Meet Our Aviation Attorneys
The Wolk Law Firm has talented aviation attorneys dedicated solely to the practice of air crash litigation for plaintiffs.
We are proud of our accomplishments because we work tirelessly to improve aviation safety while obtaining the best possible results for our clients. We continuously invest in talented lawyers dedicated to the practice of air crash litigation for plaintiffs.
I learned to fly at Wings Field, a student of Arthur Binns. I began flying in 1971, soloed with about 13 hours in Lantana, Florida, a suburb of Palm Beach, all in a Cessna 150.
At a total time of 57 hours, I took my private pilot test with a Designated Examiner from Wings Field and passed on April 21st, 1971.
I purchased my first airplane shortly thereafter, a Piper Cherokee 180, N9571J, flew that for about 150 hours. I then purchased my first new airplane, a Cessna 177RG, N5AW. I flew that airplane for 200 hours. While I owned it, I obtained my instrument rating.
I then purchased a Beech V35B Bonanza, N1721W and flew that from 1974-1979 accumulating 470 hours and a commercial pilot’s certificate in 1974.
I obtained my multi-engine rating in a Piper Aztec in October of 1978.
I purchased a Beech B-55 Baron in December of 1978 and flew that until 1983. I accumulated 570 hours in N9571J.
Thereafter, I purchased a Beech B-60 Duke, N1M, and obtained my Airline Transport Pilot’s certificate and flew that aircraft for 620 hours. I also flew Be-60 Duke 710DL for another 50 hours.
In 1984, I purchased a F9F-2 Panther Jet Fighter N72WP. I received an FAA Letter of Authorization and later a Type rating in that aircraft. I flew it for 12 years in airshows around the United States and was certified by the FAA to fly Airshow Aerobatics down to 400 feet AGL and Airshow Formation Qualified. I was invited to join the Kalamazoo Air Zoo and became CAT 5 in the Flight of the Grumman Cats and flew with them for 12 years until 1996. After about 300 hours in that aircraft, sadly due to an engine fuel control malfunction in 1996, I crashed during which I avoided houses and a truck park and injured only myself. I recovered after about 7 months of convalescence making certain that I had a current BFR until I returned to regular flying in 2010.
In 2010, I purchased an EA50 Eclipse Jet. I became Type rated in that aircraft in 2011 and flew it continuously from 2010 until 2019. I accumulated almost 1100 hours single pilot in that airplane N229EA.
My current aircraft is a HondaJet, N420LH in which I have been type rated since 2019. I currently have flown that aircraft single pilot for 375 hours.
My current logged flying time in all aircraft is 4600 hours and unlogged time at least 500 more in various aircraft including the Piper Aztec, Piper Nomad on floats, Gates LearJet 35, Gulfstream IIB, Lockheed T33, DeHavilland Vampire, various Cessna’s and Piper’s, various Beech Model 55 and 58 Barons, Piper Cubs, Cherokees and others too numerous to mention.
I also hold an Airline Transport Pilot’s Certificate for Single and Multi-engine seaplanes.
My flying life has been dedicated to the publication of literally hundreds of articles and commentaries directed towards aviation safety. I have been the featured speaker at most aviation organizations including the AOPA, Lawyer Pilots Bar Association, all the various Aviation Bar Associations and I have appeared as an on-air expert on aviation accidents on every major news and cable network in the United States and many foreign television networks as well.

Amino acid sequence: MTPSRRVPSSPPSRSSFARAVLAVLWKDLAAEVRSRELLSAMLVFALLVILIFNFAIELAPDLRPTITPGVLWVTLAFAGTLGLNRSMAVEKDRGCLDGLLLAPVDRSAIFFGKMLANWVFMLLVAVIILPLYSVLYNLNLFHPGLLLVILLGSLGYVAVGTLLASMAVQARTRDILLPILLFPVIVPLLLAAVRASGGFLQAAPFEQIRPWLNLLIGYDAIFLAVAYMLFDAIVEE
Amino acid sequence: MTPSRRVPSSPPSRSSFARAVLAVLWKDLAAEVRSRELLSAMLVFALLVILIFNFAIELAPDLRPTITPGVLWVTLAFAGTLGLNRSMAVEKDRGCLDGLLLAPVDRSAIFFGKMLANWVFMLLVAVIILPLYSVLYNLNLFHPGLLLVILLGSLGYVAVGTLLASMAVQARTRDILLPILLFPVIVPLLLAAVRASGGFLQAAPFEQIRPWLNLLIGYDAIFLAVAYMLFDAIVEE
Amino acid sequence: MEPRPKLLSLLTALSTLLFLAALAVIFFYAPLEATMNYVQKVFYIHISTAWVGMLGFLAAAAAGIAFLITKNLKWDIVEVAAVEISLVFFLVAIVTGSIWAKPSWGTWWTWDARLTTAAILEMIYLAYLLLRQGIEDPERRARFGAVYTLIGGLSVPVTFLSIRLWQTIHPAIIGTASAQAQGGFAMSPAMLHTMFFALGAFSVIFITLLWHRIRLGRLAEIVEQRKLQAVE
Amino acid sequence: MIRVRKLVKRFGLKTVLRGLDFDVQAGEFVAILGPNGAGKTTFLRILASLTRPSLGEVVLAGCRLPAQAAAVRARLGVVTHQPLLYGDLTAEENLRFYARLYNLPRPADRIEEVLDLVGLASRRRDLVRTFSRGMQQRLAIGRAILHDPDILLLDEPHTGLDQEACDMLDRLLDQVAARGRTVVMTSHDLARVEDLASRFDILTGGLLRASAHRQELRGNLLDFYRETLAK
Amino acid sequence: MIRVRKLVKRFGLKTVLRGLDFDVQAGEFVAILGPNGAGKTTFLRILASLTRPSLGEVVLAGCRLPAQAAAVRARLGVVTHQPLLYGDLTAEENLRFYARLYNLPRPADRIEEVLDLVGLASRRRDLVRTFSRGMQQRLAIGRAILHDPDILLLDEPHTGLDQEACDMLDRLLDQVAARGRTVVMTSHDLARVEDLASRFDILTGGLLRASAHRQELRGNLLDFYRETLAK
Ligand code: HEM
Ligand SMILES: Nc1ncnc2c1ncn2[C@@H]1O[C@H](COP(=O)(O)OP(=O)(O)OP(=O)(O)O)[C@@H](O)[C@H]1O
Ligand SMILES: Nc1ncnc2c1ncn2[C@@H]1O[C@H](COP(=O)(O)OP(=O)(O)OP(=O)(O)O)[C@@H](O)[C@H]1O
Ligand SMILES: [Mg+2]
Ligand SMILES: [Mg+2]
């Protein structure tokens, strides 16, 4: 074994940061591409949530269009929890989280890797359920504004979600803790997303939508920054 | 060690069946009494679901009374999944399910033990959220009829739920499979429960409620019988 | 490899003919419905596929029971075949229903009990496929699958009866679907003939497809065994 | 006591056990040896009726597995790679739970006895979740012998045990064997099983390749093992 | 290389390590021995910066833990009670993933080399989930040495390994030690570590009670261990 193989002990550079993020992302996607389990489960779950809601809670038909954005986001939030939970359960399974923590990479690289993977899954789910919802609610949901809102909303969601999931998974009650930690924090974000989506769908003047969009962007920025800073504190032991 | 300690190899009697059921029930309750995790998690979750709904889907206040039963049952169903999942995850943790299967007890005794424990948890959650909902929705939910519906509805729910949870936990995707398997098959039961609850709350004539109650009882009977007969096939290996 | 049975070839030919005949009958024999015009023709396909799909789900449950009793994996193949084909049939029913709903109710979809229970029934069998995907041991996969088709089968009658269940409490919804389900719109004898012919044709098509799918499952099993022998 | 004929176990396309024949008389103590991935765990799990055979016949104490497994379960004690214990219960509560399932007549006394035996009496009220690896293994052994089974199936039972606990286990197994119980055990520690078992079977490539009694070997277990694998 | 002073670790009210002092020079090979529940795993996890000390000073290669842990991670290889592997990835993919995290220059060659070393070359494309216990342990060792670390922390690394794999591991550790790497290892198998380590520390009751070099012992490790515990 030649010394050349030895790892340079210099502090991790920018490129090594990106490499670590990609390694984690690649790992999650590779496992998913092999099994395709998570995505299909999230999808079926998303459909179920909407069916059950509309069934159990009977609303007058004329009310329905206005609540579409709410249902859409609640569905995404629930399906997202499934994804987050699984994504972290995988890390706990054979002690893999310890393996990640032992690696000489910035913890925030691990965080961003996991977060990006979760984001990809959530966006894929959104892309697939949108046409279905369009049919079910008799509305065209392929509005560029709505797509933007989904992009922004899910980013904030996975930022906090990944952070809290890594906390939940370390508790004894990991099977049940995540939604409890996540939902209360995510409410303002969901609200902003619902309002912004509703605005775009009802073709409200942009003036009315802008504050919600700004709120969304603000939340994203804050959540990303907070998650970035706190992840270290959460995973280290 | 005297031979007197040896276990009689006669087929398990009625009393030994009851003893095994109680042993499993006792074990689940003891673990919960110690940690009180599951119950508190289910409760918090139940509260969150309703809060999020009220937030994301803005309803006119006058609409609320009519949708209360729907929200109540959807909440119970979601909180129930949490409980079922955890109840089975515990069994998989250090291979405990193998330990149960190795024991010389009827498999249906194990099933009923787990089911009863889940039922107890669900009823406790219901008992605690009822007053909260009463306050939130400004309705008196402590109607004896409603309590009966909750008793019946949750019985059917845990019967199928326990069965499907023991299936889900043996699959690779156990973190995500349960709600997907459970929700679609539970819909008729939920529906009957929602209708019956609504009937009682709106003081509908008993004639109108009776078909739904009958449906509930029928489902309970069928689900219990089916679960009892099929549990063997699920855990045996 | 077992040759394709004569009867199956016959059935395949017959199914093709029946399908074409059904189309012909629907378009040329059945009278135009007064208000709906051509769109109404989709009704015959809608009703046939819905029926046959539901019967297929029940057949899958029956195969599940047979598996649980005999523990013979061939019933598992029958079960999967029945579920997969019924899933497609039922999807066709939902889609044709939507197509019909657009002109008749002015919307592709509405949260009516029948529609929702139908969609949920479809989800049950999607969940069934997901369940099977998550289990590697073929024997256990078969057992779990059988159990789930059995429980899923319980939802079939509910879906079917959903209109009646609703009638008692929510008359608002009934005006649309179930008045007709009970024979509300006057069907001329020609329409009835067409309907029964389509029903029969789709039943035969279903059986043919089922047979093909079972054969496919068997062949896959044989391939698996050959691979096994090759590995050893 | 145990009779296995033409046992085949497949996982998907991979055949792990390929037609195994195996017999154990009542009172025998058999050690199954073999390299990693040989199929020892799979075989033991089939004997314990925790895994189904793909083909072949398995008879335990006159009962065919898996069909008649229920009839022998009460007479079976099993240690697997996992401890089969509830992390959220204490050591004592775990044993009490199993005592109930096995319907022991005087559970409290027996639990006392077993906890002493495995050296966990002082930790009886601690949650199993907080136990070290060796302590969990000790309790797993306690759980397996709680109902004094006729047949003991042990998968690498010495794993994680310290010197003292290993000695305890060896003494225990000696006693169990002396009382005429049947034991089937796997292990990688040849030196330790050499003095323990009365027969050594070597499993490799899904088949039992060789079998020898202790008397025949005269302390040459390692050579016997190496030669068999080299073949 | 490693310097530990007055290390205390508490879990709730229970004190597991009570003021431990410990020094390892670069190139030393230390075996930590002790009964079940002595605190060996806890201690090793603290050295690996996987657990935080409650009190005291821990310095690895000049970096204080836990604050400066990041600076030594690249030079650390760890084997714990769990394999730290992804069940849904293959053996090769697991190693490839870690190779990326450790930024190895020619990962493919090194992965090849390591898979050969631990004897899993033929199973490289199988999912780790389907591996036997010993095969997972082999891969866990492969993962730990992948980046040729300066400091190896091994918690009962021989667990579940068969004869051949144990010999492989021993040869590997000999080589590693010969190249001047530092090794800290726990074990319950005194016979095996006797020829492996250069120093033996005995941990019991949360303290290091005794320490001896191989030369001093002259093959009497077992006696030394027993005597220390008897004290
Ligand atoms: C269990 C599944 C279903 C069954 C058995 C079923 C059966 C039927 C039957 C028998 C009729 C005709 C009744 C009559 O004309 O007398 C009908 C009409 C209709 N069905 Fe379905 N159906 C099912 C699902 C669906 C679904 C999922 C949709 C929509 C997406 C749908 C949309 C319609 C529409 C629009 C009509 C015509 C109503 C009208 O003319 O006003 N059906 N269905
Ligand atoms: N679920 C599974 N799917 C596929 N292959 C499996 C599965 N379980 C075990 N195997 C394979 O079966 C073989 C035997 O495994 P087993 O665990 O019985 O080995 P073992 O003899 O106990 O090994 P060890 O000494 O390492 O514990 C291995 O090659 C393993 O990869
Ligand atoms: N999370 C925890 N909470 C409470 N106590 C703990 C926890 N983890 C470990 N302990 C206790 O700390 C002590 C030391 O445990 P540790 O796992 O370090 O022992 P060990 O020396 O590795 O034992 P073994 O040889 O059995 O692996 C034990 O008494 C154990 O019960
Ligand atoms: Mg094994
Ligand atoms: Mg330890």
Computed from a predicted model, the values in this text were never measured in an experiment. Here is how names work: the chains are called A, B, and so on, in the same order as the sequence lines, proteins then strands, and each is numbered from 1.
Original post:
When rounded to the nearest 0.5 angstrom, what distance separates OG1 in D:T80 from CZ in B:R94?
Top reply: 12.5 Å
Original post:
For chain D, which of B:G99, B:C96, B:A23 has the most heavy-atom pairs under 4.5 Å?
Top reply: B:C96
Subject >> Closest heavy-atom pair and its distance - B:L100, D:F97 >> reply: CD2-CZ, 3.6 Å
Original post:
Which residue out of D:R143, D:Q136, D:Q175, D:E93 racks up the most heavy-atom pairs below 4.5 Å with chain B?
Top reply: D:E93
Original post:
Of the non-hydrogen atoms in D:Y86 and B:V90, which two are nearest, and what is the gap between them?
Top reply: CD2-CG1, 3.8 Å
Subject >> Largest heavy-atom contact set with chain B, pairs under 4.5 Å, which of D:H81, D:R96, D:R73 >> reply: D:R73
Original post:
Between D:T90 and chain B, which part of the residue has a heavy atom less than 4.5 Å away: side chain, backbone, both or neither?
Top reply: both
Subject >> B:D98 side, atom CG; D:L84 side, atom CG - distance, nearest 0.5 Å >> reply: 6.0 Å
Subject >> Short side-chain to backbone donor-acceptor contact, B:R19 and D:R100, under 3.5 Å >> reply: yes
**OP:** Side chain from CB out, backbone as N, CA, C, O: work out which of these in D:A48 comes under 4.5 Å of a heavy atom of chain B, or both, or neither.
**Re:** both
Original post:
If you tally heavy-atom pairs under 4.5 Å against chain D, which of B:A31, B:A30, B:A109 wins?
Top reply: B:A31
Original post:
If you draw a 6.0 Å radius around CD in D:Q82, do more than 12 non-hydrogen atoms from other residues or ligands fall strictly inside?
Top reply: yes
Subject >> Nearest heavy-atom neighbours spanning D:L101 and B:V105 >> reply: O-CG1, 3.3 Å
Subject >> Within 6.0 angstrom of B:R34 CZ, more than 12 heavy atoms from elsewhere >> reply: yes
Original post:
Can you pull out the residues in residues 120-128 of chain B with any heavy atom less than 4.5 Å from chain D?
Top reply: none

I was recently selected to give a speech on aviation safety to the Honda Owners and Pilots Association. I published The Lawyer Pilot’s Bar Assn. Journal for two years. I was a Director of the San Diego Air and Space Museum and currently my full-time job is an aviation lawyer with The Wolk Law Firm, a law firm I founded 54 years ago.
I was selected to teach Aviation Law at Temple University’s Beasley School of Law and was the only person so honored. I was also asked by a Senator from South Dakota to testify before the House Aviation Sub-Committee on Aircraft Accident Investigation. I was the lead counsel in the Boeing 737 legacy rudder hard-over accidents, United 585 Colorado Springs and USAIR 427, Aliquippa, Pa., and it was I who first identified that rudder system flaw and provided that information to both the FAA and NTSB. I was also co-lead counsel on a number of other airline accidents including Comair, Monroe Michigan where I identified inadequate deicing boots as the cause in the Embraer 120; a UPS 747 crash in Dubai, caused by an out of control Lithium battery fire. I have designed and recommended a number of aircraft improvements over the years including secondary locking systems for Cessna seats, carburetor reliability improvements, identified structural deficiencies in certain models of Pipers and safety improvements needed in the Garmin 3000 aircraft operating system including overspeed warnings, three axis trim takeoff configuration warnings to name a few. I have identified and published articles about flaws in aircraft and helicopter POH’s for fifty years.
My pilots license is 2164859 and is unblemished. I hold an unrestricted 2nd Class Medical.
Arthur Alan Wolk